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“Believe you can and your halfway there.” – Theodore Roosevelt

Accompaniment

Published: May 26, 2019  |   Category: Inspiration


There is so much more to Accompaniment I than just accompaniment! If "scale" is the skeleton of music, then chords are the "meat." Chords are where everything begins so a thorough understanding of chords opens the doors to improvisation and composition, enables students to interpret any piece of music (such as how the treble and bass clef are related and the musical the progression of the piece). 

 

Students who learn the chords actually learn what notes belong together (scale). For example, if you learn the I-IV-V of any key, you know what notes belong in that note family. If you play the I chord in the key of D, then the IV and V and name the notes, you now know what notes are played in the key of D Major. Pretty cool--and totally painless.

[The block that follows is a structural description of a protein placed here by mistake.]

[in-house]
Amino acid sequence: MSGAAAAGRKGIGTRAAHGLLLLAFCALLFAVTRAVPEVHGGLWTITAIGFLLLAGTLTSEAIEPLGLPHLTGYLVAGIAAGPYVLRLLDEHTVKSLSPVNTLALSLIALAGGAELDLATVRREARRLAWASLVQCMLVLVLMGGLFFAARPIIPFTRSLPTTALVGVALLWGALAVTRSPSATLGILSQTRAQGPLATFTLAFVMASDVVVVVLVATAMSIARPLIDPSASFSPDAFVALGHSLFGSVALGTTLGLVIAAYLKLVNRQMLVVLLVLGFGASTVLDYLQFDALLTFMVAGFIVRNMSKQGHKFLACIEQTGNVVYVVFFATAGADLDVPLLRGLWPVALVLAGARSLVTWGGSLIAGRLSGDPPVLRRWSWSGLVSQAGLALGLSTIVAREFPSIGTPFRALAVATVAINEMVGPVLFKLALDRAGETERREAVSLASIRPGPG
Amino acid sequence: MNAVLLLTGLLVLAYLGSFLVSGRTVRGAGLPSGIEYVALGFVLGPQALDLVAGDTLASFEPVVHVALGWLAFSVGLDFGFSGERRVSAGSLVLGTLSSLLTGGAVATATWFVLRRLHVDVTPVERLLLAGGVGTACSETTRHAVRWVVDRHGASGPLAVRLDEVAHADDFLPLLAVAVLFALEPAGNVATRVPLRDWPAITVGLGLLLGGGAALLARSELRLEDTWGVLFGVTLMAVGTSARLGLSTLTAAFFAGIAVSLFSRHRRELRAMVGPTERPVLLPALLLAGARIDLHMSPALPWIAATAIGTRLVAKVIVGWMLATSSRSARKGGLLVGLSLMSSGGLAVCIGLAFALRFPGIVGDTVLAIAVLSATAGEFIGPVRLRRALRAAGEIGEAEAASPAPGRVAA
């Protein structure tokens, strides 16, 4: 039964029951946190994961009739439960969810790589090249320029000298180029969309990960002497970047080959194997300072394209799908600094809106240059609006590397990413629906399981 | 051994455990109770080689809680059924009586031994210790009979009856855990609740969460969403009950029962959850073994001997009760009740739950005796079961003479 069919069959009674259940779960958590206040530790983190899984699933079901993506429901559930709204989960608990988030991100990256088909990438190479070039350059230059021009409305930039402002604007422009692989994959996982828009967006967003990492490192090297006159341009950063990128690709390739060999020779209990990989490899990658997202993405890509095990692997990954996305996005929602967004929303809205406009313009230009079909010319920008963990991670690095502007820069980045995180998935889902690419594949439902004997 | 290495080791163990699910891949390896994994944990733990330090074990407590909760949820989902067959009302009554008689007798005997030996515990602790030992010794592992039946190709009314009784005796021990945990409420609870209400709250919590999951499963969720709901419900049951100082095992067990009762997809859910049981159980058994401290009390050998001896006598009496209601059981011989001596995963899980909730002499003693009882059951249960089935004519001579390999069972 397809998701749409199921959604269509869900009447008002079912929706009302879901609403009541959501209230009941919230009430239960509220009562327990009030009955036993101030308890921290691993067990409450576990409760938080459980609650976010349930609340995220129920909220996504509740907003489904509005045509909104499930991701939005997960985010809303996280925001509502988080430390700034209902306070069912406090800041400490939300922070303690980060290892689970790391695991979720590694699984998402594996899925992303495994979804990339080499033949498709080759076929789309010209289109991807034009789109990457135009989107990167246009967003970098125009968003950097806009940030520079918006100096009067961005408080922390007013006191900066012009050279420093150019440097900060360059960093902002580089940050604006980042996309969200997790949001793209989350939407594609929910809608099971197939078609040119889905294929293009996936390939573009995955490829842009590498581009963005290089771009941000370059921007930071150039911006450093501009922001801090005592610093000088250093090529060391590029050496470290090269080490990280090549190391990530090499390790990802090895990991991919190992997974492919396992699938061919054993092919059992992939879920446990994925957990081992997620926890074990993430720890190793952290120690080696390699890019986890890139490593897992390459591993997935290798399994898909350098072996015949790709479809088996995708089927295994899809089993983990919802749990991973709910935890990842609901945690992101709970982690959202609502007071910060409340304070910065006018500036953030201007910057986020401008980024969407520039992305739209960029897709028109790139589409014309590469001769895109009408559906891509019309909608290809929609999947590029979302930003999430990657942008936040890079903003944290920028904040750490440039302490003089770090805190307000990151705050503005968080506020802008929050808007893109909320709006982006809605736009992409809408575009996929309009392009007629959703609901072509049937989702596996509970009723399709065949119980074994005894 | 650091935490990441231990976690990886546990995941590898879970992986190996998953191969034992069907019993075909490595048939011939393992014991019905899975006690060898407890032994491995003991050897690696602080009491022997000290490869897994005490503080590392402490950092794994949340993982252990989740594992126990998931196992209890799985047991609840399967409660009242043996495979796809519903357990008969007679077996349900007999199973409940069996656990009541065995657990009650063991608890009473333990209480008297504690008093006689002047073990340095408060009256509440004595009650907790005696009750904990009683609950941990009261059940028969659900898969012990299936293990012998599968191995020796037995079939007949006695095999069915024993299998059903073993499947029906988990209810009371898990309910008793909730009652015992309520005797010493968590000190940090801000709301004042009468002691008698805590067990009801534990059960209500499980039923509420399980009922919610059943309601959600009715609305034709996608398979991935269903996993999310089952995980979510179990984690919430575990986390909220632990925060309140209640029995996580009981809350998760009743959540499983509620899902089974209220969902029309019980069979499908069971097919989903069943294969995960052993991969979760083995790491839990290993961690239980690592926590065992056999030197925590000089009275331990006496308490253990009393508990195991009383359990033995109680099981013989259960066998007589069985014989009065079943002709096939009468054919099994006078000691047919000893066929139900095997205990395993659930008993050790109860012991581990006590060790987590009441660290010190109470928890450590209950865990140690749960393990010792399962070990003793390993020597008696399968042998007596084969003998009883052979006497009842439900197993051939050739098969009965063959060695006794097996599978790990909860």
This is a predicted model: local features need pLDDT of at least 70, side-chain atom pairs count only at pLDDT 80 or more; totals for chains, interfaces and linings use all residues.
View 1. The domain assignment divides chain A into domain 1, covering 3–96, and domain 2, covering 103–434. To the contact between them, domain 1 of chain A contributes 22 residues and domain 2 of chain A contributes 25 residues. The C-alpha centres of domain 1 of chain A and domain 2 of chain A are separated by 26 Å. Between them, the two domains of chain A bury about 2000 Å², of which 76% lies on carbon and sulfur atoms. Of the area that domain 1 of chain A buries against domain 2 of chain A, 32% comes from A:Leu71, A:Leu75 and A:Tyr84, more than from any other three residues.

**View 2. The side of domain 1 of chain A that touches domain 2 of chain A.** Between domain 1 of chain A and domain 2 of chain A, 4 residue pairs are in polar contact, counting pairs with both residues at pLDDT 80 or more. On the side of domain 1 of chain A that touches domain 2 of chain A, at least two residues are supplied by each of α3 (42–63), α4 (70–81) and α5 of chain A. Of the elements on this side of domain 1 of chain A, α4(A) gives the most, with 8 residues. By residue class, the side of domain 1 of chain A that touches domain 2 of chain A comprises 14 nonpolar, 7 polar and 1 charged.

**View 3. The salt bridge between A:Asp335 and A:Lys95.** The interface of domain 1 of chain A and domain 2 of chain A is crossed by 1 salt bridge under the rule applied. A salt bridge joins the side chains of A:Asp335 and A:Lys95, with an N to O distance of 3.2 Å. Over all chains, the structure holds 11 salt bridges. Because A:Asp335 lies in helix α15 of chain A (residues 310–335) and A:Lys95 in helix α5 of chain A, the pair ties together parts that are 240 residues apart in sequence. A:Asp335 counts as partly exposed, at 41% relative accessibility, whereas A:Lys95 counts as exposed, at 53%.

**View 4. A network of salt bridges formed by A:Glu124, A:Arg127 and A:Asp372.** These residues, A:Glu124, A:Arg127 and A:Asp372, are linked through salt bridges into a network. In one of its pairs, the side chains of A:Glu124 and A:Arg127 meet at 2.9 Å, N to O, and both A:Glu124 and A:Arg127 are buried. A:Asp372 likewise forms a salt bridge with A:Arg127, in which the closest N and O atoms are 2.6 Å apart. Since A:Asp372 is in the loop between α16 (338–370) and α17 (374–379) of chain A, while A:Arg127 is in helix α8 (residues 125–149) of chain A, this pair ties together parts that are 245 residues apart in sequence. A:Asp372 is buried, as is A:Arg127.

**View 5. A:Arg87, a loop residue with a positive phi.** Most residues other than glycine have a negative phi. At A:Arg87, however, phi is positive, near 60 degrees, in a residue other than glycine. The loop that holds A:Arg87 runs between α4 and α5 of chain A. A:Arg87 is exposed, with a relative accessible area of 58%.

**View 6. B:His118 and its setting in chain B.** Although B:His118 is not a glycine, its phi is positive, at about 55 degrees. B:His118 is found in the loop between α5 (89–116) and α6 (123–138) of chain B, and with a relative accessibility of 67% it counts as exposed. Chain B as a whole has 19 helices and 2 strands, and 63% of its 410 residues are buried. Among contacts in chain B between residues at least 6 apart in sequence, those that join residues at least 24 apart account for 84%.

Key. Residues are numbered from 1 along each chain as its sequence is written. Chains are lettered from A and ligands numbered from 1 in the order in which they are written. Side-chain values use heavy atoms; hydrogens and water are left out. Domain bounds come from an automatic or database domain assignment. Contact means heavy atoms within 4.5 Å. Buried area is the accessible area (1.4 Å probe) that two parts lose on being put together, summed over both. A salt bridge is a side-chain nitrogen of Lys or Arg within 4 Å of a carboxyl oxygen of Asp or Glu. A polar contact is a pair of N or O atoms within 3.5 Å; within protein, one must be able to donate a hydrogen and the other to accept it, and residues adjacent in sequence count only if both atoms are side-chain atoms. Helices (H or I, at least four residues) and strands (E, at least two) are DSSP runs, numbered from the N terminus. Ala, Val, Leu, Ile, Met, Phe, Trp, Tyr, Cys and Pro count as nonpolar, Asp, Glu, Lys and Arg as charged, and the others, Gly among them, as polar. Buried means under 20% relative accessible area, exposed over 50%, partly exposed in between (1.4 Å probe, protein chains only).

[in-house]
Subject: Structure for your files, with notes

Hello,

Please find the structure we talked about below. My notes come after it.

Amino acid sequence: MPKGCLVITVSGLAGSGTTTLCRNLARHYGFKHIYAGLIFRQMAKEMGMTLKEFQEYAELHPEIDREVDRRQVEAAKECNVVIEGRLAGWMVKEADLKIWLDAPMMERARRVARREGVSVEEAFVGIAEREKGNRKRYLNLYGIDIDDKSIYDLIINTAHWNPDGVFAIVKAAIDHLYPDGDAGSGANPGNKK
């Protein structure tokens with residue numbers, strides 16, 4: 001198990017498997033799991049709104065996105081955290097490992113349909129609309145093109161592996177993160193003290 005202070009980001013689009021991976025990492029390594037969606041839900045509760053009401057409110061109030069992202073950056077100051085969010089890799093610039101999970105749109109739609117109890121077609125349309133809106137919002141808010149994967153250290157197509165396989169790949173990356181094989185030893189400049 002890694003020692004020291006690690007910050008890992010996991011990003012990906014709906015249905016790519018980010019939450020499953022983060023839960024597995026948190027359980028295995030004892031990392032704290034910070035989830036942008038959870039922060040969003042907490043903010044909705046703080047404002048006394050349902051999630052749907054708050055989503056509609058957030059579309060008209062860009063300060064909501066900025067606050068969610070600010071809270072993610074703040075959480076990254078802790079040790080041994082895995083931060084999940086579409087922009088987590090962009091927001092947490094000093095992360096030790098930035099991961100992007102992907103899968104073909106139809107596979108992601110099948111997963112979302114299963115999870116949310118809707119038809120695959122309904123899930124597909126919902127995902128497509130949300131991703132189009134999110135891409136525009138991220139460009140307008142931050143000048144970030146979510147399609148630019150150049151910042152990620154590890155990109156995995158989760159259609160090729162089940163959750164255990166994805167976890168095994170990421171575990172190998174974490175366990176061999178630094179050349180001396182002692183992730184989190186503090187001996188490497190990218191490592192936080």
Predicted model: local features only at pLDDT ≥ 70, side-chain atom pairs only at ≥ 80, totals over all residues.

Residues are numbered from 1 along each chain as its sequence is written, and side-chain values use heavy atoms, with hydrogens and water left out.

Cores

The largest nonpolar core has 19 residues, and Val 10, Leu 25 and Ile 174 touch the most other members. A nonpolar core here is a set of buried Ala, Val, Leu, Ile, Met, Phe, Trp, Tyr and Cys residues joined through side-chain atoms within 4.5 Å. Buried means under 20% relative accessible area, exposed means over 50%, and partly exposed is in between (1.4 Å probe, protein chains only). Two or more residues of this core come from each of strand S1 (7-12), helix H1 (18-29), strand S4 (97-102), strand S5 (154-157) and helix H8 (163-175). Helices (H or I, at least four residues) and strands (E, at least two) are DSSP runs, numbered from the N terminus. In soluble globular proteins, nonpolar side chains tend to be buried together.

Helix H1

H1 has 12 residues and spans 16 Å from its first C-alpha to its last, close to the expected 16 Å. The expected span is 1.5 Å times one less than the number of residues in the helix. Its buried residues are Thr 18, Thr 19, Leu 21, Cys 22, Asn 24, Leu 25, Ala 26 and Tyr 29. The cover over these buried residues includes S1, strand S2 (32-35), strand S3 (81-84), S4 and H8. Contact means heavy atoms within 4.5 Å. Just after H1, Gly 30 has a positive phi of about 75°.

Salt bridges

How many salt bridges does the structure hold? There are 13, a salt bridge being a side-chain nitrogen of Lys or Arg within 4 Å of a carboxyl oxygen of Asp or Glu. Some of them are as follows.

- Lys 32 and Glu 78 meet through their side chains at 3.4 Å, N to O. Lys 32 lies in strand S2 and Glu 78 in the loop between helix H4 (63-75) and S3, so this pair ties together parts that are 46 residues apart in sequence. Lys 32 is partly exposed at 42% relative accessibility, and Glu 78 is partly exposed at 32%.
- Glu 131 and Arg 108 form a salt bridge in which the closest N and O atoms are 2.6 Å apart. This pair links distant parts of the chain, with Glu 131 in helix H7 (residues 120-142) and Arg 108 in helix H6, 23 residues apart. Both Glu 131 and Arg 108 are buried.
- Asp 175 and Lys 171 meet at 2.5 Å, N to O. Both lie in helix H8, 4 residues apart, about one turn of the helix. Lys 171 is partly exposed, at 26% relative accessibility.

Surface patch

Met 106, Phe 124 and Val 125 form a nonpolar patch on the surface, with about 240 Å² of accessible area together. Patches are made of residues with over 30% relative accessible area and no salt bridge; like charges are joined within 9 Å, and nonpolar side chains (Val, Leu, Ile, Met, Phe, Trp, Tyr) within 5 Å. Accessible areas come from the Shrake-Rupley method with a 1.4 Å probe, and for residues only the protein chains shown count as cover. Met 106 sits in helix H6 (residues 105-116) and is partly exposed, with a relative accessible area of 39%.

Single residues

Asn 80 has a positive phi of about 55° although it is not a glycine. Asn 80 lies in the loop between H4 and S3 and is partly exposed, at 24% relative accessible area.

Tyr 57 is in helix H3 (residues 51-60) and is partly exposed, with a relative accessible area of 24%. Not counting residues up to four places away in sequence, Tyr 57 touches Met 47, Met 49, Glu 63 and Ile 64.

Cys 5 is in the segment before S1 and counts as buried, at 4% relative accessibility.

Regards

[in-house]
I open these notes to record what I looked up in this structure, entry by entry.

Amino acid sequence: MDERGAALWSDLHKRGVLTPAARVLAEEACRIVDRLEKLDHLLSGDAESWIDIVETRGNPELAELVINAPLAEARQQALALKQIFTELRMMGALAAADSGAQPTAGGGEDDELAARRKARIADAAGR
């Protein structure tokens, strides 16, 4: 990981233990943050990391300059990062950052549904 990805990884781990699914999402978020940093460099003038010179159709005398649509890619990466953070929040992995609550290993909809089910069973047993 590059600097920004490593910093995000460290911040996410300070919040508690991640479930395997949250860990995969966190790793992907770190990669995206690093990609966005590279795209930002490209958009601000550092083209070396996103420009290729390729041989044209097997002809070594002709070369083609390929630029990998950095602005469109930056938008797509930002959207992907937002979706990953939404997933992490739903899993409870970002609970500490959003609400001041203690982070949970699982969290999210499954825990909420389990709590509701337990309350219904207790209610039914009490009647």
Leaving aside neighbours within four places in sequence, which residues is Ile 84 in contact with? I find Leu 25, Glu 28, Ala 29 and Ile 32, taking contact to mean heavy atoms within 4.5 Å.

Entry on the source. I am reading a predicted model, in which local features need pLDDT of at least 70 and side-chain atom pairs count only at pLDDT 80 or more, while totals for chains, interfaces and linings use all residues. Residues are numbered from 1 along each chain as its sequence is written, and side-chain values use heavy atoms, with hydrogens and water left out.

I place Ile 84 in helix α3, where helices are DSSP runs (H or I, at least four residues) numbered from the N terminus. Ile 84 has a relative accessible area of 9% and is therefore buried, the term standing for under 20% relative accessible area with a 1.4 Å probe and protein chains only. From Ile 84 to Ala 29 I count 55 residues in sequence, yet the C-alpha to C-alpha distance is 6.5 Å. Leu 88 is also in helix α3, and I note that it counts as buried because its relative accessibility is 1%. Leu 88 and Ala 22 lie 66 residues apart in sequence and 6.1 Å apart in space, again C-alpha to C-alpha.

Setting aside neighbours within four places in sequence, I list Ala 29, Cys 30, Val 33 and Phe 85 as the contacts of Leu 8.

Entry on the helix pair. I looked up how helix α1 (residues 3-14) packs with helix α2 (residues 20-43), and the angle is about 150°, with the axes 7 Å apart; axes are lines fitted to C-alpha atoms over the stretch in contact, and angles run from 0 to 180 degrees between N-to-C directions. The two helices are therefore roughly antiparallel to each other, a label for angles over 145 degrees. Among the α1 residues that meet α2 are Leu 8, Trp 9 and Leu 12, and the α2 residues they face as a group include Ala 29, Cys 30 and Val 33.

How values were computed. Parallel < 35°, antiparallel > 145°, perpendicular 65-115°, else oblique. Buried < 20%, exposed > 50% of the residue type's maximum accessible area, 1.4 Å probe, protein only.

When students object to Accompaniment, I let them know that knowing chords is going to have a huge impact on their ability to play music, understand music, read music, improvise and compose in addition to knowing how to sightread chords and play with others. Without exception, when I explain my position and the benefits, students get on board. I've had some students that don't especially enjoy accompaniment, so this where it is critical to provide a singing voice or even better, an opportunity to play with a band.
 

Finally, knowing chords really aids in improvisation... I love having students discover a chord progression and build pieces or improvise on it. It is such a key to successful improv and comp.

 

 



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